Neil & Liam Finn's New Track Proves The Finn Family Have A Freakin' Gift

7 June 2018 | 11:29 am | Ross Clelland


As we enthusiasts get a little antsy in expectation of Ms Clark’s upcoming Vivid Festival appearance at that old train shed down the road, we find that St Vincent has now gone a step beyond reinventing herself for each album, and has now reconfigured and recast one of the songs from her latex-clad piece of wonderfulness, Masseduction. Fast Slow Disco (Loma Vista) switches the gears of its original, er, ‘slow’ arrangement. Cleverly it retain the ache of Version 1.0, but makes it more about downing another Fluffy Duck and heading back to the neon floor to dance over the problems, if not actually able to solve them. It’s not just given more insistent underpinning BPMs - a soul choir chorus toward the end another touch of distinction. Pop music as art, again.

Meantime, it’s been at least a month since the last Tame Impala/Pond related item – so, on previous experience, this one’s well overdue. So, it’s Jay Watson in his Gum guise’s turn to be offering something new, that being the terrifically titled Couldn’t See Past My Ego (Spinning Top). There’s the probably expected psychedelic foundations to it, but it might come from a slightly different place, it’s almost-pastoral glances off into the middle distance giving it an almost olde prog feel – although that’s prog possibly more owing something to XTC’s self-aware new wave take on it, rather than Pink Floyd before Syd took that one yellow tab too many and things went to shit.

Oh, you’d prefer something a little more family based, but near-perfect in its pop song classicism? Giving the ‘…& Son’ official equal billing, Neil & Liam Finn’s Back To Life (Inertia) is everything you want: sublime harmonies over relaxedly unspooling melodies and just delivered with all the feeling and craftsmanship you’d expect. Actually opens maybe a bit down an askance alt-country line, perhaps reflective of occasionally having Wilco’s Jeff Tweedy and his son around the place sometimes, and then has an interesting little left turn into an almost eastern-European folkie/gypsy breakdown midway through. Aww, bugger it, it’s all lovely. Sure, it might not be Message To My Girl or Fall At Your Feet – but what is?

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If you want to go further toward that thing so broadly and clumsily referred to as ‘alt-folk’, without it resembling the earlier work of Mumford and his accursed offspring before they went so absurdly rock in what they were trying to do, please receive and appreciate the new thing from The Milk Carton Kids. Joey and Kenneth’s near Appalachian tones have their typical sincere tone on Younger Years (Anti-). Simple intertwining acoustic guitars and intertwining plaintive harmonies, this owes more to the Everly or even Louvin Brothers – perhaps even with a touch of classic Simon & Garfunkel in the style and form of it.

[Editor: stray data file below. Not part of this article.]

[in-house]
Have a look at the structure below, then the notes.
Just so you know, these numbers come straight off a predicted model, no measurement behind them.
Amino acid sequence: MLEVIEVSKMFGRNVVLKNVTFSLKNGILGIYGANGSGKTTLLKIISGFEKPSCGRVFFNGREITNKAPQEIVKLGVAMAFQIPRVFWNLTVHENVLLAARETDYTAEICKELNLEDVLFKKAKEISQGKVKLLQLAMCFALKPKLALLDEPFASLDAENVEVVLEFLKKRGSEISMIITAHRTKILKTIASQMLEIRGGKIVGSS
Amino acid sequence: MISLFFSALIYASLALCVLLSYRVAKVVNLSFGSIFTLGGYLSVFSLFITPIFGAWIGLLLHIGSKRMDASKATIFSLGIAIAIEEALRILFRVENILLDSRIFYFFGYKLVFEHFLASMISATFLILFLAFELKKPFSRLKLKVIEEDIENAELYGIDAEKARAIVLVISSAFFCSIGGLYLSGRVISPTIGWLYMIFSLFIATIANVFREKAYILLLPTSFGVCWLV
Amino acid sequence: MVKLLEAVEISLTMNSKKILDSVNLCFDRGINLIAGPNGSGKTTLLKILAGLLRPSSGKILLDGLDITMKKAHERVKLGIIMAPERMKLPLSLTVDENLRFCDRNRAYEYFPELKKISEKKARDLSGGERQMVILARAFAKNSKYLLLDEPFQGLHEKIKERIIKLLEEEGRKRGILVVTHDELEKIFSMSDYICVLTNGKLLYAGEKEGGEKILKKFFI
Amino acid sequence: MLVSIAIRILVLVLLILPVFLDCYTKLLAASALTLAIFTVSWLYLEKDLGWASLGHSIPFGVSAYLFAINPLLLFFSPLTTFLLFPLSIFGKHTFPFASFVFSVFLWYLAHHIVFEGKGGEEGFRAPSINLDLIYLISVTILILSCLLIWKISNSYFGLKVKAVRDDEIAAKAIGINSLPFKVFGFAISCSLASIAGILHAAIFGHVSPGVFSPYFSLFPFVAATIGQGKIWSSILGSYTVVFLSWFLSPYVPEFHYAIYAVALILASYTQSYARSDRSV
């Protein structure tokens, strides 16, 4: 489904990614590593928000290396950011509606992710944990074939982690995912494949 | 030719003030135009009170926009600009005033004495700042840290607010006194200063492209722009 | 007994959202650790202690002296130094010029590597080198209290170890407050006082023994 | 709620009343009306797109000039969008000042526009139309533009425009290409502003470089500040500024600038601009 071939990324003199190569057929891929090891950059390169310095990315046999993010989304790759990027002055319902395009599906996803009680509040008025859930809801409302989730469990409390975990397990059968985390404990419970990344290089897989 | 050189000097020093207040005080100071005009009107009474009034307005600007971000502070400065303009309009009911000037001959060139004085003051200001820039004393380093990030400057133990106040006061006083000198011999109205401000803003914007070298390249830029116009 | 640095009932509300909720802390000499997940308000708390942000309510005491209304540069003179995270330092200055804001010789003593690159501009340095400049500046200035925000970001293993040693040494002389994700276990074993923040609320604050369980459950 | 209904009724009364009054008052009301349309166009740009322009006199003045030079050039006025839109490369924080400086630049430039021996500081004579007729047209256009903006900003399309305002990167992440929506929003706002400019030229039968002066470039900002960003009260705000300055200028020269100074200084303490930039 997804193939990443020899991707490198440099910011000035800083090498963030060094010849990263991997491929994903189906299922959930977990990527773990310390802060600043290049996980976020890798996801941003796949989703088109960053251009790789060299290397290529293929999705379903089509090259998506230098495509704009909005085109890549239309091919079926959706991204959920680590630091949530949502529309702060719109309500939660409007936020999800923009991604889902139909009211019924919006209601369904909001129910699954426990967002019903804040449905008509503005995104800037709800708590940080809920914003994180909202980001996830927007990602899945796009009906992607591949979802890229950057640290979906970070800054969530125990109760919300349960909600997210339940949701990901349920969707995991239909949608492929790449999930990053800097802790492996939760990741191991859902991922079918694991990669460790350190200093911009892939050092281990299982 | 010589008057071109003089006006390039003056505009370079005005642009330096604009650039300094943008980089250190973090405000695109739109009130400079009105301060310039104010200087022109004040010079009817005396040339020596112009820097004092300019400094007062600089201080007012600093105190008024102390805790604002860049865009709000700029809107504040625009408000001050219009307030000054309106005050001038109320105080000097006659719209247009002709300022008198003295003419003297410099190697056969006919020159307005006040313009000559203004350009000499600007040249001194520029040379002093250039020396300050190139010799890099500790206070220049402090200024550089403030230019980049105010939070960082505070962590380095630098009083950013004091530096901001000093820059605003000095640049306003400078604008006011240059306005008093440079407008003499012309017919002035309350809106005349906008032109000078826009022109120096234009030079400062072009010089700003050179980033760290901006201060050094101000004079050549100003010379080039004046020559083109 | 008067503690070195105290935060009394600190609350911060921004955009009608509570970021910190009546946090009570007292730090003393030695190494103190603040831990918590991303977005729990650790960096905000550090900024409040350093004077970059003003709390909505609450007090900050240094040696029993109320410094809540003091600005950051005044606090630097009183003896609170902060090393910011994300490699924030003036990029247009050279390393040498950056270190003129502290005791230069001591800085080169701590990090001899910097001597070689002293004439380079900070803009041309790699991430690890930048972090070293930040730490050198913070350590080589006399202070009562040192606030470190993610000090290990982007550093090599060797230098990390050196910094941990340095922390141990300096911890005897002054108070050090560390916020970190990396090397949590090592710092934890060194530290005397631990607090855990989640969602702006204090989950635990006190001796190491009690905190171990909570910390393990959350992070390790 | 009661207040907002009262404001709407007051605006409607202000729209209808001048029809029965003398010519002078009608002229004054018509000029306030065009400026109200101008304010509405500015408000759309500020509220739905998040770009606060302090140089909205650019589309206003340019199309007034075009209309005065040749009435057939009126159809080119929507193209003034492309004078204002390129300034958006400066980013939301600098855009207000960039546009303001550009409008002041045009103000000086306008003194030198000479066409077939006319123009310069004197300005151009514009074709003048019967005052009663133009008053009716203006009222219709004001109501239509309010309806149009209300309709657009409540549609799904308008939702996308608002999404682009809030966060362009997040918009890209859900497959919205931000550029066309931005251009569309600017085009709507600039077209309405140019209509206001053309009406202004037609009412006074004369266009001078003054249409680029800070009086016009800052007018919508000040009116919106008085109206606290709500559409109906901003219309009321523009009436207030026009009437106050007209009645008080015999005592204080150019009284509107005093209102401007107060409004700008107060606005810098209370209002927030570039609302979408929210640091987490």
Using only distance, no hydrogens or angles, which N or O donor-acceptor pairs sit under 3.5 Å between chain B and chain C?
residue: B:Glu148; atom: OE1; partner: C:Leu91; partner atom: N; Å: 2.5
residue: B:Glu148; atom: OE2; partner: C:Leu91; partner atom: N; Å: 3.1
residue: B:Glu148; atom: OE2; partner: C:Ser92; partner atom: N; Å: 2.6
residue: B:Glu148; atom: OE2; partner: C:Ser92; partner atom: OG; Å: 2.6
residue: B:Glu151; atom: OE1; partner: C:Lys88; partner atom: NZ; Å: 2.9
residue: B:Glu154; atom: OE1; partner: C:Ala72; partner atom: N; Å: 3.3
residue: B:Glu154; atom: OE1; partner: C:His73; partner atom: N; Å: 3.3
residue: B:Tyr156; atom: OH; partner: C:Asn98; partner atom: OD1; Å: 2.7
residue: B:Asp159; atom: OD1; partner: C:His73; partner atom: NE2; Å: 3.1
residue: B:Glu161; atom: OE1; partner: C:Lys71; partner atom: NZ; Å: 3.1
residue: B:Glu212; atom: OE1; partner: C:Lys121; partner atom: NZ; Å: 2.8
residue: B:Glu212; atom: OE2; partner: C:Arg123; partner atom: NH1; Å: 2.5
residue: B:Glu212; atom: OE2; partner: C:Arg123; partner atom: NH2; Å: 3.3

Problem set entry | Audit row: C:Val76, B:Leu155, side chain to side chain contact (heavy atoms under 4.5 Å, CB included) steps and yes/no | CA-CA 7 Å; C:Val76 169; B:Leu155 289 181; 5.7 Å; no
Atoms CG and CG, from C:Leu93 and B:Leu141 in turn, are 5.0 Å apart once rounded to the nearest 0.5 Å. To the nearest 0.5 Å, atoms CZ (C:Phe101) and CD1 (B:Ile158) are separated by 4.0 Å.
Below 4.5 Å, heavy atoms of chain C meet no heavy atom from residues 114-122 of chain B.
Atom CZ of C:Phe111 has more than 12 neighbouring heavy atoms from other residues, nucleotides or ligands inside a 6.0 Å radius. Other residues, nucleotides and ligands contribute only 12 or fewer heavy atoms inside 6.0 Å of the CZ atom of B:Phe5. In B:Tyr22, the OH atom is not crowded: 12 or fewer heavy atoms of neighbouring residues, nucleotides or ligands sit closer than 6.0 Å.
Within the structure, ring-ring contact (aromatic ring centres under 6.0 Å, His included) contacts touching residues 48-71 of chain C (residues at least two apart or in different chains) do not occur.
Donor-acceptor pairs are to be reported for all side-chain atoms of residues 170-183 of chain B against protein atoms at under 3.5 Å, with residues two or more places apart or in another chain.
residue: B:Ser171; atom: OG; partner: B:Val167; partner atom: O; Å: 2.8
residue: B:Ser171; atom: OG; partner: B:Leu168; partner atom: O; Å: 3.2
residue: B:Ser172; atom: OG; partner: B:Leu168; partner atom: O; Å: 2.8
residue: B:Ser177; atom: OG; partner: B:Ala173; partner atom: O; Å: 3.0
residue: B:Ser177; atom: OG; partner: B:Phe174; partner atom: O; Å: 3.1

The almost wilful under-the-radar manner of Deaf Wish is something else again. FFS (Sub Pop) is actually the precursor to their fifth album no less – and their second on a label that many bands would give several of their major limbs to even be considered by. If you need catching up: they’re from Melbourne, they’ve broken up a couple of times, and then reappear to just pop something out as neatly thrown together as this. The guitars overflow gloriously, and Sarah is absolutely not to be messed with. It’s all in a style that might be called ‘punk’ – if you considered what a band like Sonic Youth did was punk. They achieve all that in two minutes and seventeen seconds – making it all the more impressive, even for those with limited attention spans.

Mallrat is another who might be getting her deserved appreciation in lands other than this. It’s again that almost contradictory easy tumble of words expressing an awkwardness in Groceries (Nettwerk). It’s almost as if she’s working it out as it goes along, which is a neat conceit in itself. You want to give her a hug, but settle on one of those odd fist bumps that leaves everybody involved not sure what to say next. Song no doubt coming to your local community radio station presently.

She’ll say it up front. Even sign her emails with it: “Alien Of Extraordinary Abilities.” That is actually how that strange land of America describes foreigners they deign to allow to stay and work in their nation. ‘Our’ Jess McAvoy is, for the moment, based in Brooklyn – that part of the US of A musicians appear to be gravitating to if Nashville isn’t right for them. Curious (Orchard Music) almost seems to come with the confidence and brashness of that New York borough – it’s a tough-but-tender pop song that strides pugnaciously up to you to ask the question. You know what you should have said in smartarse reply about ten minutes after the event. She’s whip-smart, sharp - maybe even a little snarky - and has a terrific haircut.